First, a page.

Court: Madras High Court
Bench: JUSTICE R.BANUMATHI AND JUSTICE B.RAJENDRAN
Tmt.M.Sundari vs Dr.A.Chandrasekaran on 23 June, 2010
Mr.P.K.Rajagopal, Adv. For the appellant.
Ms.R.Gowri, Adv. For the respondent.
Judicial Separation Granted on Application of Divorce
Prayer: Civil Miscellaneous Appeals in C.M.A.Nos.3839 and 3840 of 2005 are filed under Section 19 of Family Courts Act against the Judgment and decree dated 18.10.2005 in I.D.O.P.Nos.235 of 2003 and 205 of 2004 respectively on the file of Family Court, Coimbatore.
For Appellant : Ms.R.Gowri in both Appeals For Respondent : Mr.P.K.Rajagopal in both Appeals COMMON JUDGMENT R.BANUMATHI,J.
C.M.A.No.3839 of 2005 arises out of Judgment dated 18.10.2005 in I.D.O.P.No.235 of 2003, whereby, by a common judgment, the Family Court, Coimbatore has passed decree of divorce dissolving the marriage of Appellant/wife and Respondent/husband. C.M.A.No.3840 of 2005 arises out of the common judgment in I.D.O.P.No.205 of 2004 whereby Family Court dismissed the Petition for restitution of conjugal rights filed by the Appellant/wife.
2. The Respondent is an Anaesthetist and is a medical practitioner. He joined in Senthil Nursing Home, Coimbatore as Junior Doctor, where the Appellant was working as Nurse and both of them had fallen in love. The Appellant was a Roman Catholic Christian and Respondent was a Hindu, who got converted to Christianity. Their marriage was solemnised on 10.6.1983 at Saint Michael’s Church, Big Bazaar Street, Coimbatore and both of them were living together. Out of lawful wedlock, a male child was born to them on 1.12.1984. After marriage, the Respondent pursued his higher studies at Stanley Medical College during the years 1984-1989. During that period, the Appellant and her son were taken care by her parents. After completing his Post Graduation, the Respondent joined the Government Hospital, Pandhalur. Later, the Respondent joined E.S.I.Hospital, Coimbatore, Papanaickenpalayam and then he was transferred to Coimbatore Government Medical College and Hospital. The spouses were living together in Coimbatore and they also constructed a house at Sowripalayam, Coimbatore in 1998.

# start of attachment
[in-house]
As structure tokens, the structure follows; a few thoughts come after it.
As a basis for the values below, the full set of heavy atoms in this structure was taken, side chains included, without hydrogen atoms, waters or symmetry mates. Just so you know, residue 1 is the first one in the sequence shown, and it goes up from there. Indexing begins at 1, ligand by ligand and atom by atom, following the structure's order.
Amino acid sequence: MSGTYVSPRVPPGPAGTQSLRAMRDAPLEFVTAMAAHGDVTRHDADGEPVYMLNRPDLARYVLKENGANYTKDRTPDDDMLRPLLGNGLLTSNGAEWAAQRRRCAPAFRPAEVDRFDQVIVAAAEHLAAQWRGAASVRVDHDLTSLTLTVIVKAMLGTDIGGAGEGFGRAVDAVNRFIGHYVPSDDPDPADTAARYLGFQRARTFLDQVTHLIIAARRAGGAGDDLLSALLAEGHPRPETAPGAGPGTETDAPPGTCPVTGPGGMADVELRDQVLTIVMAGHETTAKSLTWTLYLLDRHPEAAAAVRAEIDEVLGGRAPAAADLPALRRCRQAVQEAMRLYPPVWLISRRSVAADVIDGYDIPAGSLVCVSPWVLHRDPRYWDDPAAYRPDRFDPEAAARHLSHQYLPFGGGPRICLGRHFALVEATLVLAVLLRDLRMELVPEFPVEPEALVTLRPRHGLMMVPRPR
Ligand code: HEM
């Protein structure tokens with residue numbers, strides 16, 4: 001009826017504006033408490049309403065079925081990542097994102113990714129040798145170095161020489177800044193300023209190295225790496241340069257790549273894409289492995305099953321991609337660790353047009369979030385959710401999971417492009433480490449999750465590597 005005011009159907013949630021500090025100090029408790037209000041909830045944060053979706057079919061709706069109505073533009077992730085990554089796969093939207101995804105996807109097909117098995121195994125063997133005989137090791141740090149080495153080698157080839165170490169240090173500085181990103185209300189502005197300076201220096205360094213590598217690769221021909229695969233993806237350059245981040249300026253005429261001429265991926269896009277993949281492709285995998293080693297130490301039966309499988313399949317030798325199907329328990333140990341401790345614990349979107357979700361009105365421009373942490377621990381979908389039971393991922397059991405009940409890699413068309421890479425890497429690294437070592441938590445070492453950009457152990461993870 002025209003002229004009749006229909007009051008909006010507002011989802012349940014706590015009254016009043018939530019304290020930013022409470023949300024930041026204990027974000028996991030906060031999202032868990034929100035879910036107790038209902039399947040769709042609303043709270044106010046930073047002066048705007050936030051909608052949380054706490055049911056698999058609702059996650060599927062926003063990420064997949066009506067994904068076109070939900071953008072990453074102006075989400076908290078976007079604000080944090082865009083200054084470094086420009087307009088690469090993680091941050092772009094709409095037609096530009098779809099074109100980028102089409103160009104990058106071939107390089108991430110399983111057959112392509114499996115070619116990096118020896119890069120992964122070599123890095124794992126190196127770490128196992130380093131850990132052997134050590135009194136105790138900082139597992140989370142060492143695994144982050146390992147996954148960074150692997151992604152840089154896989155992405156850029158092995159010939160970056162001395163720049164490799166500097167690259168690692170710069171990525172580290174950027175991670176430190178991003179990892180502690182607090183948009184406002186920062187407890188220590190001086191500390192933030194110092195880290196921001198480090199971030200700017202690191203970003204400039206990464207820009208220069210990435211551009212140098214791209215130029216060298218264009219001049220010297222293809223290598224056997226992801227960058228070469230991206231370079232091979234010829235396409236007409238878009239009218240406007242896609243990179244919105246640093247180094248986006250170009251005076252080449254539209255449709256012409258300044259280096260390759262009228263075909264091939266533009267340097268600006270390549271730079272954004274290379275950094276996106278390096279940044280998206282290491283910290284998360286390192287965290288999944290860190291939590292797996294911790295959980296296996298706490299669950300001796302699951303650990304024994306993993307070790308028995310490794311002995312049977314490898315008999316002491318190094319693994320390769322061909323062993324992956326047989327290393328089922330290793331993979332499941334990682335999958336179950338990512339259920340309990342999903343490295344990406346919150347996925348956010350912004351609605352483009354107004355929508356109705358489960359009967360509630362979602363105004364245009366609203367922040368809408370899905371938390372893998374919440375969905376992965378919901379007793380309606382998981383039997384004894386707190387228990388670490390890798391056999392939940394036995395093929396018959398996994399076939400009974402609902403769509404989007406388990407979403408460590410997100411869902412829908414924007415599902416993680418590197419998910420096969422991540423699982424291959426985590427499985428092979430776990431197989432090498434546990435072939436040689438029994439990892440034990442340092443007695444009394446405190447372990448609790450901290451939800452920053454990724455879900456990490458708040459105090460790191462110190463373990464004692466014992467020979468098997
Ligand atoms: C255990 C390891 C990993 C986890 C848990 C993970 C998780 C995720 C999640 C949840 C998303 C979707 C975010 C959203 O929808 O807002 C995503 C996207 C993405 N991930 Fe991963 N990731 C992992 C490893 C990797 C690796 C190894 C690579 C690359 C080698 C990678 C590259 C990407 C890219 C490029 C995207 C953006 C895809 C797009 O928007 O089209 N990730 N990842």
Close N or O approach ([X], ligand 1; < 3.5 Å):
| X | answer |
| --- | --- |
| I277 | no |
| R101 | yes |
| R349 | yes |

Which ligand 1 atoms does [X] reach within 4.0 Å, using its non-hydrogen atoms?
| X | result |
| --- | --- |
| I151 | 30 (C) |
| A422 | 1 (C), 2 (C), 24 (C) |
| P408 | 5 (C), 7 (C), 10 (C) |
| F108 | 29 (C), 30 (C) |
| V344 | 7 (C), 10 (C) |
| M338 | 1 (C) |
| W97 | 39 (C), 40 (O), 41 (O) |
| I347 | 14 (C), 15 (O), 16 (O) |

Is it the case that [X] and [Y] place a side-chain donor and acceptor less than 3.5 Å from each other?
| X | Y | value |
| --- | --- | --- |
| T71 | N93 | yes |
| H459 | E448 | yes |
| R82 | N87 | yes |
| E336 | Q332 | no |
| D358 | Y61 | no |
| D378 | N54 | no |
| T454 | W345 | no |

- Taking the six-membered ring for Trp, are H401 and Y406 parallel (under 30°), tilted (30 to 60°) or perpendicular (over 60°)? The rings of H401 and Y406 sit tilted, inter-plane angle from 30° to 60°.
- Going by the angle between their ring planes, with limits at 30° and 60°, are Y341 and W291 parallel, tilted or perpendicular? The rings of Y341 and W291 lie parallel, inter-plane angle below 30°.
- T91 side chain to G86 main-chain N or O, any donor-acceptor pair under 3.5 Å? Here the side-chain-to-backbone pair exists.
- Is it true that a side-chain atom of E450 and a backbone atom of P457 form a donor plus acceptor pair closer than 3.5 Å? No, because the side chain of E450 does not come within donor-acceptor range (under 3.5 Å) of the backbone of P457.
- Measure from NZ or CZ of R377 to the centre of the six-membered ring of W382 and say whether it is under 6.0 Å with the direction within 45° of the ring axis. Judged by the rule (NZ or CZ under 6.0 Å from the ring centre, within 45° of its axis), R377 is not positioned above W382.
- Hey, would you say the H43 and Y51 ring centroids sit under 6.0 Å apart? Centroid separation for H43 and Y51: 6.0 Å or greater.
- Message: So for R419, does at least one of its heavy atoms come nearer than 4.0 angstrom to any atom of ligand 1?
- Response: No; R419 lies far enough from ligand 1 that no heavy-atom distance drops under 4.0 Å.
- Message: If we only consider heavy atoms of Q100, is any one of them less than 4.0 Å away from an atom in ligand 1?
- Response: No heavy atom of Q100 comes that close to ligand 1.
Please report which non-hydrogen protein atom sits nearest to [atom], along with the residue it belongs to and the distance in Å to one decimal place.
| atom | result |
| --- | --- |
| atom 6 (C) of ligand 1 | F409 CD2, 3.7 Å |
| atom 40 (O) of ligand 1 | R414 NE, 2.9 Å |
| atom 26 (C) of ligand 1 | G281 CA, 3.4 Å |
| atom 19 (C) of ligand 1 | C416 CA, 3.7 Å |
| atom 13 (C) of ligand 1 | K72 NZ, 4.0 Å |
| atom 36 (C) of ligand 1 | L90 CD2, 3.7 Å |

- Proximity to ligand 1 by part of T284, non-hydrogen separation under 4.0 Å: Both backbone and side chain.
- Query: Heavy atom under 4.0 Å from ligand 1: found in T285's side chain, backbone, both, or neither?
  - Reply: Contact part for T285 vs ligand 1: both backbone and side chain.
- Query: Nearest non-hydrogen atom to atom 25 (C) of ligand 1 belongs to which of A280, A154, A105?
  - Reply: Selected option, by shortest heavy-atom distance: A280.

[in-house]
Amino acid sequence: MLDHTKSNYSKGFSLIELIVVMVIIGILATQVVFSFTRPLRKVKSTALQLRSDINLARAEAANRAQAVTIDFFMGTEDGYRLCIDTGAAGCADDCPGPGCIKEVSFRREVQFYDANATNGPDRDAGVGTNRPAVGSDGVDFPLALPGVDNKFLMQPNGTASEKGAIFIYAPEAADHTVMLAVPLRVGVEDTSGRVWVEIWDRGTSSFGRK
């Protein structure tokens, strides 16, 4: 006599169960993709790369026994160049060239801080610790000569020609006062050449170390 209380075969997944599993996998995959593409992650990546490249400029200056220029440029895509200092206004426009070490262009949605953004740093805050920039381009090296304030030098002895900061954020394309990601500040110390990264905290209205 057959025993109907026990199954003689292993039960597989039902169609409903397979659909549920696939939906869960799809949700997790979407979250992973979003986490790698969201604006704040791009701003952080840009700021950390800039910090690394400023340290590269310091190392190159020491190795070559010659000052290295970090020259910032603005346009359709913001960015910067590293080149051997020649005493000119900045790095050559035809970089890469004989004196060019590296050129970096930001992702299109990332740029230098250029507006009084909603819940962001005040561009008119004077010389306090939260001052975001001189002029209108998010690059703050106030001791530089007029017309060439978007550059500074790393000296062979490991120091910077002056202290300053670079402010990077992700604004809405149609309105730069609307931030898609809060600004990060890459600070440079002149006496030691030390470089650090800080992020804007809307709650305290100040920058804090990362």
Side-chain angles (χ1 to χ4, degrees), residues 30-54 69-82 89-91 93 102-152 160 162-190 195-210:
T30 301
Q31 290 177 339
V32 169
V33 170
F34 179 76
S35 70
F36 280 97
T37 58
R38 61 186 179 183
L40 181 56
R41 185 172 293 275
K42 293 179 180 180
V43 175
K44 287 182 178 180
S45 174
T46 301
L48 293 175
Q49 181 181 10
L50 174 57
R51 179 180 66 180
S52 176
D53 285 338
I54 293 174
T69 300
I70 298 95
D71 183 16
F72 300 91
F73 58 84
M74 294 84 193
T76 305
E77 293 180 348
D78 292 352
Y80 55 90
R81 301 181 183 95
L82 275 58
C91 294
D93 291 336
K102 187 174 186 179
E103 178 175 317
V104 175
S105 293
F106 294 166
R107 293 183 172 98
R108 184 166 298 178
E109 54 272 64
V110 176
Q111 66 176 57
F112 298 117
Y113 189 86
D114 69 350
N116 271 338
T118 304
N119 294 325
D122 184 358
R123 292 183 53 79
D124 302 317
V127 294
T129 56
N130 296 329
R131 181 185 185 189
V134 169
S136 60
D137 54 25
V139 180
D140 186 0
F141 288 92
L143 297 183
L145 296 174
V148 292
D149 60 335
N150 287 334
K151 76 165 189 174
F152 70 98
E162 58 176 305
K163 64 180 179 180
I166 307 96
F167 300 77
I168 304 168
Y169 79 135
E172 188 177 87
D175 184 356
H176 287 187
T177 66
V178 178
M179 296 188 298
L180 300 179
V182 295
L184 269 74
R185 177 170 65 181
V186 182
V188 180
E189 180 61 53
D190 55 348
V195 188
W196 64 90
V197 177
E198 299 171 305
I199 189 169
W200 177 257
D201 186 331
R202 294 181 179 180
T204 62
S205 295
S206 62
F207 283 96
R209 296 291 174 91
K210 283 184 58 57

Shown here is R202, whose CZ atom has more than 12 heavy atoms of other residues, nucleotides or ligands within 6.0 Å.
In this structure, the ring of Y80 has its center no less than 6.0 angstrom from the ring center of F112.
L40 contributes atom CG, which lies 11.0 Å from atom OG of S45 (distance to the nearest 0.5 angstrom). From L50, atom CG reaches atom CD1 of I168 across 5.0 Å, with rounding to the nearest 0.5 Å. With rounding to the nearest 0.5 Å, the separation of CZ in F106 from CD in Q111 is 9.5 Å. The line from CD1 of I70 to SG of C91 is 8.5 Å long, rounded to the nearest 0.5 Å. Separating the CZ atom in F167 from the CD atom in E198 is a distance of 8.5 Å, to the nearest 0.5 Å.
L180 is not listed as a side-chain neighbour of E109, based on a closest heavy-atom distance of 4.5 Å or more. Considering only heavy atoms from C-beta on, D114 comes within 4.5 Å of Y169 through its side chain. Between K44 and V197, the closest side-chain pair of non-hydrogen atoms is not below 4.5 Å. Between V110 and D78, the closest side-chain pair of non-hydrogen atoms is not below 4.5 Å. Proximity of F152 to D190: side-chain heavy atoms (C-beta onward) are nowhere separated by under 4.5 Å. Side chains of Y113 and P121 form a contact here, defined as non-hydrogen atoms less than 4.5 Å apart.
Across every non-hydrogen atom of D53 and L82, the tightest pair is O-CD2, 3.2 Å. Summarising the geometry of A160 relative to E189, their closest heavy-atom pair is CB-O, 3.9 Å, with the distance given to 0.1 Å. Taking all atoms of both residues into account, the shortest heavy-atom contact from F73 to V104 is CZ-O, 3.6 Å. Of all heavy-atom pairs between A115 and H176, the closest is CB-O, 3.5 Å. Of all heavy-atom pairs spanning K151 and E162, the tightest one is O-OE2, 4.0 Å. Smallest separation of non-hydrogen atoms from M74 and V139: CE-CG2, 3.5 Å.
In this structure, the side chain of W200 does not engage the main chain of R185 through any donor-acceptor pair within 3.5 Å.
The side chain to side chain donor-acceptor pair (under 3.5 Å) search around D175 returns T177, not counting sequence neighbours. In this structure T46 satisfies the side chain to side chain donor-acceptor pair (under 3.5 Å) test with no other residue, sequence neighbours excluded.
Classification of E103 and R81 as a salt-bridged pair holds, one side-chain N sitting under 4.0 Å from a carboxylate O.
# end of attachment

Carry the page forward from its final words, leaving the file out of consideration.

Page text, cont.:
3. The case of Respondent is that his married life was happy only for a short span of time and that the Appellant is a person of suspicious character and that she would not tolerate his coming late night from the Hospital. According to the Respondent, being an Anaesthetist, he has to attend emergency cases in the Hospital in late hours and the Appellant would question him about the same and use abusive language alleging that he is having illicit intimacy with some other woman and that he was humiliated and insulted by the Appellant in public places. The Respondent further averred that the Appellant would visit the work place and tease him spoiling his reputation in public, which has caused him mental agony. In the Petition for divorce, the Respondent further alleged that the Appellant had also lodged a false complaint before All Women Police Station alleging that he is leading an adulterous life and that no action was initiated by the police and enraged by the same the Appellant sought assistance from an Organisation called Helpline, which threatened the life of Respondent which caused reasonable apprehension in the mind of the Respondent that his life is under threat and that it has become impossible for him to cohabit with the Appellant and on those averments the Respondent has sought for dissolution of marriage.